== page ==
Majors and Graduates
Advanced courses are defined as any language-focused class that takes students beyond the second-year language curriculum. 2021 saw a dip in both programs reporting and the number of students reported. However, in the four years the number has been tracked, the average number of students per program has been on a positive growth curve.
Most of this, however, can be attributed to Brigham Young University, which has been competing only against itself for the #1 position in terms of students enrolled. They have grown from 69 students in 2018 to 94 in 2019 to 198 in 2020 and finally 217 in 2021. Each of these numbers are the largest reported for any university in any year of this survey.
Other top-five institutions offering such courses in 2020-2021 include Los Angeles City College (53), Ohio State University (50), Indiana University Bloomington (49), and University of Wisconsin – Madison (41).
The number of graduates per program fell by 7% in 2020-2021 as compared to the previous academic year. This may be affected by the larger percentage of small programs reporting this year. Overall, however, we can see that the number of graduates reported is relatively stable.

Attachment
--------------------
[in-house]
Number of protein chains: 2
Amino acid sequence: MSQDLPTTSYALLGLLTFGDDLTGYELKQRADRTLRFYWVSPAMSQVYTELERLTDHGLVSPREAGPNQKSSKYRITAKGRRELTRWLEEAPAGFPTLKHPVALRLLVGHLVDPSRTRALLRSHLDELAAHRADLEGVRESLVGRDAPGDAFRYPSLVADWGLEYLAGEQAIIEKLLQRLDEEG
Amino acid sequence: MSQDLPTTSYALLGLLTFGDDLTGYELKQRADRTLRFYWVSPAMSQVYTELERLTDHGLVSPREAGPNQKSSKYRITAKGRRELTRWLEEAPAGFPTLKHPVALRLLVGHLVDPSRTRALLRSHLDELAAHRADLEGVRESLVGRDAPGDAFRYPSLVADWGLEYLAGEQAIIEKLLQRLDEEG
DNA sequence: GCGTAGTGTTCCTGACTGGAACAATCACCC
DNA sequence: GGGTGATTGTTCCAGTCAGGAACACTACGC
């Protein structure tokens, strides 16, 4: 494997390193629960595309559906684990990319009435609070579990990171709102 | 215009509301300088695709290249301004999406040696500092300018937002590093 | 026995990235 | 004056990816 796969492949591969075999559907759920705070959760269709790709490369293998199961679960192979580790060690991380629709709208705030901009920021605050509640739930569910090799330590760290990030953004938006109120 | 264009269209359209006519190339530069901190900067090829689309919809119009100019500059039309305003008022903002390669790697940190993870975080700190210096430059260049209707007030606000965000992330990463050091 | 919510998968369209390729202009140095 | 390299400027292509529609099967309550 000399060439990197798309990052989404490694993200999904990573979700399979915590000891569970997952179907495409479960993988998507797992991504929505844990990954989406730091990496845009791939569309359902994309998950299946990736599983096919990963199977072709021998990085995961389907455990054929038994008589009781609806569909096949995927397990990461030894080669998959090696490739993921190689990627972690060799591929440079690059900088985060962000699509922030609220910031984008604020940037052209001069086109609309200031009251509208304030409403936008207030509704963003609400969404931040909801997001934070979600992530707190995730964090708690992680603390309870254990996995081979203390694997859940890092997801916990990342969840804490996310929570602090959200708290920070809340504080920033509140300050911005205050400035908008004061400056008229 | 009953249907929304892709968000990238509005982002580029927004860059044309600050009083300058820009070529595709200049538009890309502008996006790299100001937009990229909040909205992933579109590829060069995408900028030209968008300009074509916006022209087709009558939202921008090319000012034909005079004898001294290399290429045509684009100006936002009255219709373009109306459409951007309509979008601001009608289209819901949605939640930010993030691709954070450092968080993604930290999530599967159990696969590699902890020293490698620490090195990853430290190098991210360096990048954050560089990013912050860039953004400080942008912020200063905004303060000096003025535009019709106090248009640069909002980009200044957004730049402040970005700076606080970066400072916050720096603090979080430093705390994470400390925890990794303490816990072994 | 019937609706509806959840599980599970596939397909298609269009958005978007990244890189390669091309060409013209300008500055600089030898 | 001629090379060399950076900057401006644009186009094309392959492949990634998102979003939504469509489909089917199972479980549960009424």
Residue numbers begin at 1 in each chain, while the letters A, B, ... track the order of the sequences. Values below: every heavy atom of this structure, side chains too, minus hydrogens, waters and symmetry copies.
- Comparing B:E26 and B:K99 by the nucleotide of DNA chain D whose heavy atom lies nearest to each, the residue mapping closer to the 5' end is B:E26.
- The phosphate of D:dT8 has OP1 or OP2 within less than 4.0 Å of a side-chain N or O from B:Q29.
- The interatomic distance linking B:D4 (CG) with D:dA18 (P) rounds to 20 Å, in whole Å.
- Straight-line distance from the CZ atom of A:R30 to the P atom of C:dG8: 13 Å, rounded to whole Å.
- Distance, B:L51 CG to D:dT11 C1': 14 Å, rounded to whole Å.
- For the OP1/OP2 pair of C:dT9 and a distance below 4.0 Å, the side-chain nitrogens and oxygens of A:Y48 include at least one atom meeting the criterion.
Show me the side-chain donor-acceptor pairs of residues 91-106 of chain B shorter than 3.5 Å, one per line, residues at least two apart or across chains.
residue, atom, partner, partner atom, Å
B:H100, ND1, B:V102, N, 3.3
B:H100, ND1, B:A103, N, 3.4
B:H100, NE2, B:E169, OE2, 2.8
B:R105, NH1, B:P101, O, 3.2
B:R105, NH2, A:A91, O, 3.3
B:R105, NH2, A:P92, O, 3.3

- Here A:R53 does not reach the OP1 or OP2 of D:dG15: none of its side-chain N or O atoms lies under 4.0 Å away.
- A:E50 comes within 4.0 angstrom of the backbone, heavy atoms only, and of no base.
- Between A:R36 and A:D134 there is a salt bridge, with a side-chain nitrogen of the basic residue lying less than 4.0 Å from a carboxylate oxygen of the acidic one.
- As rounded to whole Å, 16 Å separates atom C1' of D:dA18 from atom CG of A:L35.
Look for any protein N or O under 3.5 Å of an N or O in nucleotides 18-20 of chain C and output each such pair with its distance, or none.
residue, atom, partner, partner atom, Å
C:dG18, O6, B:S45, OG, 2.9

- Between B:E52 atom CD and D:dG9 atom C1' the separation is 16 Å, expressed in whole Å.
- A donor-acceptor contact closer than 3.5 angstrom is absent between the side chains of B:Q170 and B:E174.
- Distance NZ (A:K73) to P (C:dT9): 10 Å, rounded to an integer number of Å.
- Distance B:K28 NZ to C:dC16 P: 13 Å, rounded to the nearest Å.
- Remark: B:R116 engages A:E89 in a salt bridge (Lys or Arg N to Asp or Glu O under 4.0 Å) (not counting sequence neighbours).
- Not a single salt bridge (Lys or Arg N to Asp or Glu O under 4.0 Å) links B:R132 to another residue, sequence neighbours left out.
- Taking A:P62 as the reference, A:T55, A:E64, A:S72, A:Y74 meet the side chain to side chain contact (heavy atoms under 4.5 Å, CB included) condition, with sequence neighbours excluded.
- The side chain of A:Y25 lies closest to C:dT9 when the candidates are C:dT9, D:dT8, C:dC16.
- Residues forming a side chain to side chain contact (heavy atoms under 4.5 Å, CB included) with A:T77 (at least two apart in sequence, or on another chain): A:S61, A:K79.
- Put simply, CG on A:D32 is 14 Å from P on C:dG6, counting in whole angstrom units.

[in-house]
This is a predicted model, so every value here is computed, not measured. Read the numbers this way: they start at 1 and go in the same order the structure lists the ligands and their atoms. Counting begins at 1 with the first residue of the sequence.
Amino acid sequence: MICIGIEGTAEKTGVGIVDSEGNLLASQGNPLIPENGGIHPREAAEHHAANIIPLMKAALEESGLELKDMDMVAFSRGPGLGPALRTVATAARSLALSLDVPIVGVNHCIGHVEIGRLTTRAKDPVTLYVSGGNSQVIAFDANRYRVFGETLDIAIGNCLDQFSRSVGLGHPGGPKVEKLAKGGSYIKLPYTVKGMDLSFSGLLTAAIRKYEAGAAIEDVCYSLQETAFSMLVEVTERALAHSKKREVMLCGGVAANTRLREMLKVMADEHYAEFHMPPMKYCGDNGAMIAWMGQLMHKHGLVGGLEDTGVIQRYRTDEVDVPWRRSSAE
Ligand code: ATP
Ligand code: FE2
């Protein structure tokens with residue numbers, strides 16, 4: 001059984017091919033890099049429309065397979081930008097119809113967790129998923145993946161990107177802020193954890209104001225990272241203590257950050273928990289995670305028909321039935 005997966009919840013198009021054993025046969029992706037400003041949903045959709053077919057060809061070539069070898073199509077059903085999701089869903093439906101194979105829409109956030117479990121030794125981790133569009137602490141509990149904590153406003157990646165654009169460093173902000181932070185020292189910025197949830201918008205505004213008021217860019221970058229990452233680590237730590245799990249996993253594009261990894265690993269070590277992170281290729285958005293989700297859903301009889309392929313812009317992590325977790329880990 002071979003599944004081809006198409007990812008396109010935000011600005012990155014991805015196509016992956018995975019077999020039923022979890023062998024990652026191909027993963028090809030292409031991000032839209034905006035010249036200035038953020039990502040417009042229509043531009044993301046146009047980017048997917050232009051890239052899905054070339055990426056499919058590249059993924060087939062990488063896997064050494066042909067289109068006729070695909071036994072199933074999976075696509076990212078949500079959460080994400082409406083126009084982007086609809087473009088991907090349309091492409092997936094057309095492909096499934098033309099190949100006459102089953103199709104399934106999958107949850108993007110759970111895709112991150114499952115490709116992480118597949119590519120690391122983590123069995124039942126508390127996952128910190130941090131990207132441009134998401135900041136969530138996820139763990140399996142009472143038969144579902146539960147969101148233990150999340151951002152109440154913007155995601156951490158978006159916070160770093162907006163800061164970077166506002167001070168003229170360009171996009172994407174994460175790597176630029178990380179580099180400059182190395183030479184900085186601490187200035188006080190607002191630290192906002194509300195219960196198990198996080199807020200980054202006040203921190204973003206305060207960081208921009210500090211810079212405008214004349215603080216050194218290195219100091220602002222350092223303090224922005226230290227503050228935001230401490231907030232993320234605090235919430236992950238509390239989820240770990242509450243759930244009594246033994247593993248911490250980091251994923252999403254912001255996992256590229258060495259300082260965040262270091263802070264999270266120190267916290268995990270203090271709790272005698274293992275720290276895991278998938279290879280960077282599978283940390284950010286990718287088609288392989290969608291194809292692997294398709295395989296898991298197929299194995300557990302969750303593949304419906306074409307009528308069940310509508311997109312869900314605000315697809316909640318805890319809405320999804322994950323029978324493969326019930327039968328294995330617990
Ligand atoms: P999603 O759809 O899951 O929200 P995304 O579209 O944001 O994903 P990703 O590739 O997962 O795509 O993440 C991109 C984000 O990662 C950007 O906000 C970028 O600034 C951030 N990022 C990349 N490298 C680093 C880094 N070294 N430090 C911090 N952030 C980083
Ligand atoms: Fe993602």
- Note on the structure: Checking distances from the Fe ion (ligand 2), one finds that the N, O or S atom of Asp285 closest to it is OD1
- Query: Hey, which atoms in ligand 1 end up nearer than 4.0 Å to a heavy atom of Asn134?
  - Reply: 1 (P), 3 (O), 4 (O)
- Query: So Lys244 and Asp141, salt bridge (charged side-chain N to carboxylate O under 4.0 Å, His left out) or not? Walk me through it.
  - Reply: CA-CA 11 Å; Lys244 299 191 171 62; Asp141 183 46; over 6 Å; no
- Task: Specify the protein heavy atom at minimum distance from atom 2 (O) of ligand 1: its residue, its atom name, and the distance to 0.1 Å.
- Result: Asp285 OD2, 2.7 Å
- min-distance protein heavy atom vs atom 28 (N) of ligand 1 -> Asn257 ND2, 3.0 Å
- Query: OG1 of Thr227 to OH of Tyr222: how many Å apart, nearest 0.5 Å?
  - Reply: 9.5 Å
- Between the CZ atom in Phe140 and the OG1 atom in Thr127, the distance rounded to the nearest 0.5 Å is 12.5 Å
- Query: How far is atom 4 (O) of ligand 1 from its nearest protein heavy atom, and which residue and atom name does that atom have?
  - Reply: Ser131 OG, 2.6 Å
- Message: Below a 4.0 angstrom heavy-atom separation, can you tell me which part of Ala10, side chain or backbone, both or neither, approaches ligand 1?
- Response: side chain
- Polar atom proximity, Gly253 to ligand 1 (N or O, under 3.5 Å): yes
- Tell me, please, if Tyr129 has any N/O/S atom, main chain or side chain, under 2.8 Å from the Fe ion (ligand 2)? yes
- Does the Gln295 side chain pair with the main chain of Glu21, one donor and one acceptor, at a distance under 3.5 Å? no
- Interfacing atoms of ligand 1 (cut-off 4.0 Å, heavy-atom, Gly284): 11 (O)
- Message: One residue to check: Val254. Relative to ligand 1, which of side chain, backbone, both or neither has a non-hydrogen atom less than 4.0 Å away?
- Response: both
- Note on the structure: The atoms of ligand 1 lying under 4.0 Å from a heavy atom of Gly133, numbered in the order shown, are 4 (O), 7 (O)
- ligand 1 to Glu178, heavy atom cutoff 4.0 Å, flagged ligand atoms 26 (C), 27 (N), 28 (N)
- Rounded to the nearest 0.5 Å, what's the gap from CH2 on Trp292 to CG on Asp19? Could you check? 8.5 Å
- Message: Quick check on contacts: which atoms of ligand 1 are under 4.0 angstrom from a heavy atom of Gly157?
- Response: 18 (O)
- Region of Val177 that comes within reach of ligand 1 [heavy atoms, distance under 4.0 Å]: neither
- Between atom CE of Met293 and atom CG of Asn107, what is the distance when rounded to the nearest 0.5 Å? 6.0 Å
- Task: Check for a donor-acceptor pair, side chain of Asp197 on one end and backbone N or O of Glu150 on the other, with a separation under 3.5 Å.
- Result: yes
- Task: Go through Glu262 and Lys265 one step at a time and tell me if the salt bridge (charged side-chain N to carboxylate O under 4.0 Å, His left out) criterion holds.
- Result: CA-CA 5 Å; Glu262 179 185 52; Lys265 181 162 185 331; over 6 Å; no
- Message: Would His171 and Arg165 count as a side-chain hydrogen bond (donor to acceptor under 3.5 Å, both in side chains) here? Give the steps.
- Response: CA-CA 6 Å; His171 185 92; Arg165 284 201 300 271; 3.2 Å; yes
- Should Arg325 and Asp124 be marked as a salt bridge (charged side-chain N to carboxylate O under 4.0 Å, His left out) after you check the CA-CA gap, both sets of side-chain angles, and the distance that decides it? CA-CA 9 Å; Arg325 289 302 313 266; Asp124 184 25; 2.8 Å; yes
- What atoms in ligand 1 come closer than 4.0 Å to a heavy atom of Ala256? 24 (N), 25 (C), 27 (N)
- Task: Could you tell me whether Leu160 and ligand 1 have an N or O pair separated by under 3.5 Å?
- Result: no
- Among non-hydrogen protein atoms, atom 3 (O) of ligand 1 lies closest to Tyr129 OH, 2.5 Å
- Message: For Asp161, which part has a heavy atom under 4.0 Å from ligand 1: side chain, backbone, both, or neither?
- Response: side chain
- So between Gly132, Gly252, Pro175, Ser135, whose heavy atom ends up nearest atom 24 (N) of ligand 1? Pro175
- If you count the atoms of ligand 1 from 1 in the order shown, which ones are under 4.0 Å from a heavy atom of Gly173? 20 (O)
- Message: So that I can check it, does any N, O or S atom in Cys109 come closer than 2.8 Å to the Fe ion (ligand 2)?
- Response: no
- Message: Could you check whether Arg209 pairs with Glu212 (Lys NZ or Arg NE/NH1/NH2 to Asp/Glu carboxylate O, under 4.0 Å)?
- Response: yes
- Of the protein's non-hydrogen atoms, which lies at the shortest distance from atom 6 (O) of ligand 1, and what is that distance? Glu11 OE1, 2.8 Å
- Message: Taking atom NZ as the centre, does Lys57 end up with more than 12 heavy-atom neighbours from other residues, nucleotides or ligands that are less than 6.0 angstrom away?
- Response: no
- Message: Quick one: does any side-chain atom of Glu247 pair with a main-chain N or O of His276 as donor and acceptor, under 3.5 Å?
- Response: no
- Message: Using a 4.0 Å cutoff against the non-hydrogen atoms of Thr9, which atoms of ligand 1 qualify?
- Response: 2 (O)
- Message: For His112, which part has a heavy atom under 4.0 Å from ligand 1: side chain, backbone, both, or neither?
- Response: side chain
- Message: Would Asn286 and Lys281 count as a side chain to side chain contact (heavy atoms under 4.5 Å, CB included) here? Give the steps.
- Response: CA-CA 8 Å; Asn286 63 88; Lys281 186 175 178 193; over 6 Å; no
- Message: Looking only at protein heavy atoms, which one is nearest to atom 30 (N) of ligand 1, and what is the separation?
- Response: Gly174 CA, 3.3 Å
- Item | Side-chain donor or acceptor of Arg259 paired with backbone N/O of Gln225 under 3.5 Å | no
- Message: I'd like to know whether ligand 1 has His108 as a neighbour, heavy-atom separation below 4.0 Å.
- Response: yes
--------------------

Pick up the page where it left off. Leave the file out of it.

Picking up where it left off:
Partnerships and Virtual Courses
COVID, and the online classes it made so common, caused many to hypothesize that education might evolve into a more persistently digital form, perhaps with more numerous partnerships between institutions sharing teaching resources to offer more diverse courses. We asked our respondents to share how formats were expected to change within the next three years at their institutions.
Compared to last year, the percentage of those expecting an increase in such courses has approximately halved while the percentage expecting things to stay the same has approximately doubled. Meanwhile, the percentage of those reporting that their institution does not participate in partnerships is down slightly. Thus, it appears that many of those who planned to open new partnerships may have already done so and there are fewer new plans in the pipeline. Changes to this area of education affected by COVID may already be slowing.
We have begun tracking faculty numbers as of 2020.
This year saw a small increase in faculty-per-program. This is particularly interesting considering the percentage of smaller programs participating this year.
In 2021, tenured faculty per program notched up from 1.25 to 1.26 per program while non tenured faculty also rose from 1.63 to 1.68. Next year we plan to additionally track the number of graduate students and other non-faculty individuals teaching for programs.
Most respondents see stability in future in their staff numbers with 84% stating that they see no changes being made to the number of staff in the next three years. Meanwhile, the number expecting an increase in staff has doubled since last year from 4.6% to 9.6%. Those expecting a decrease also fell this year, from 10.2% to 6.7%.
The survey tracked books used in first and second year Russian classes for the third time this year.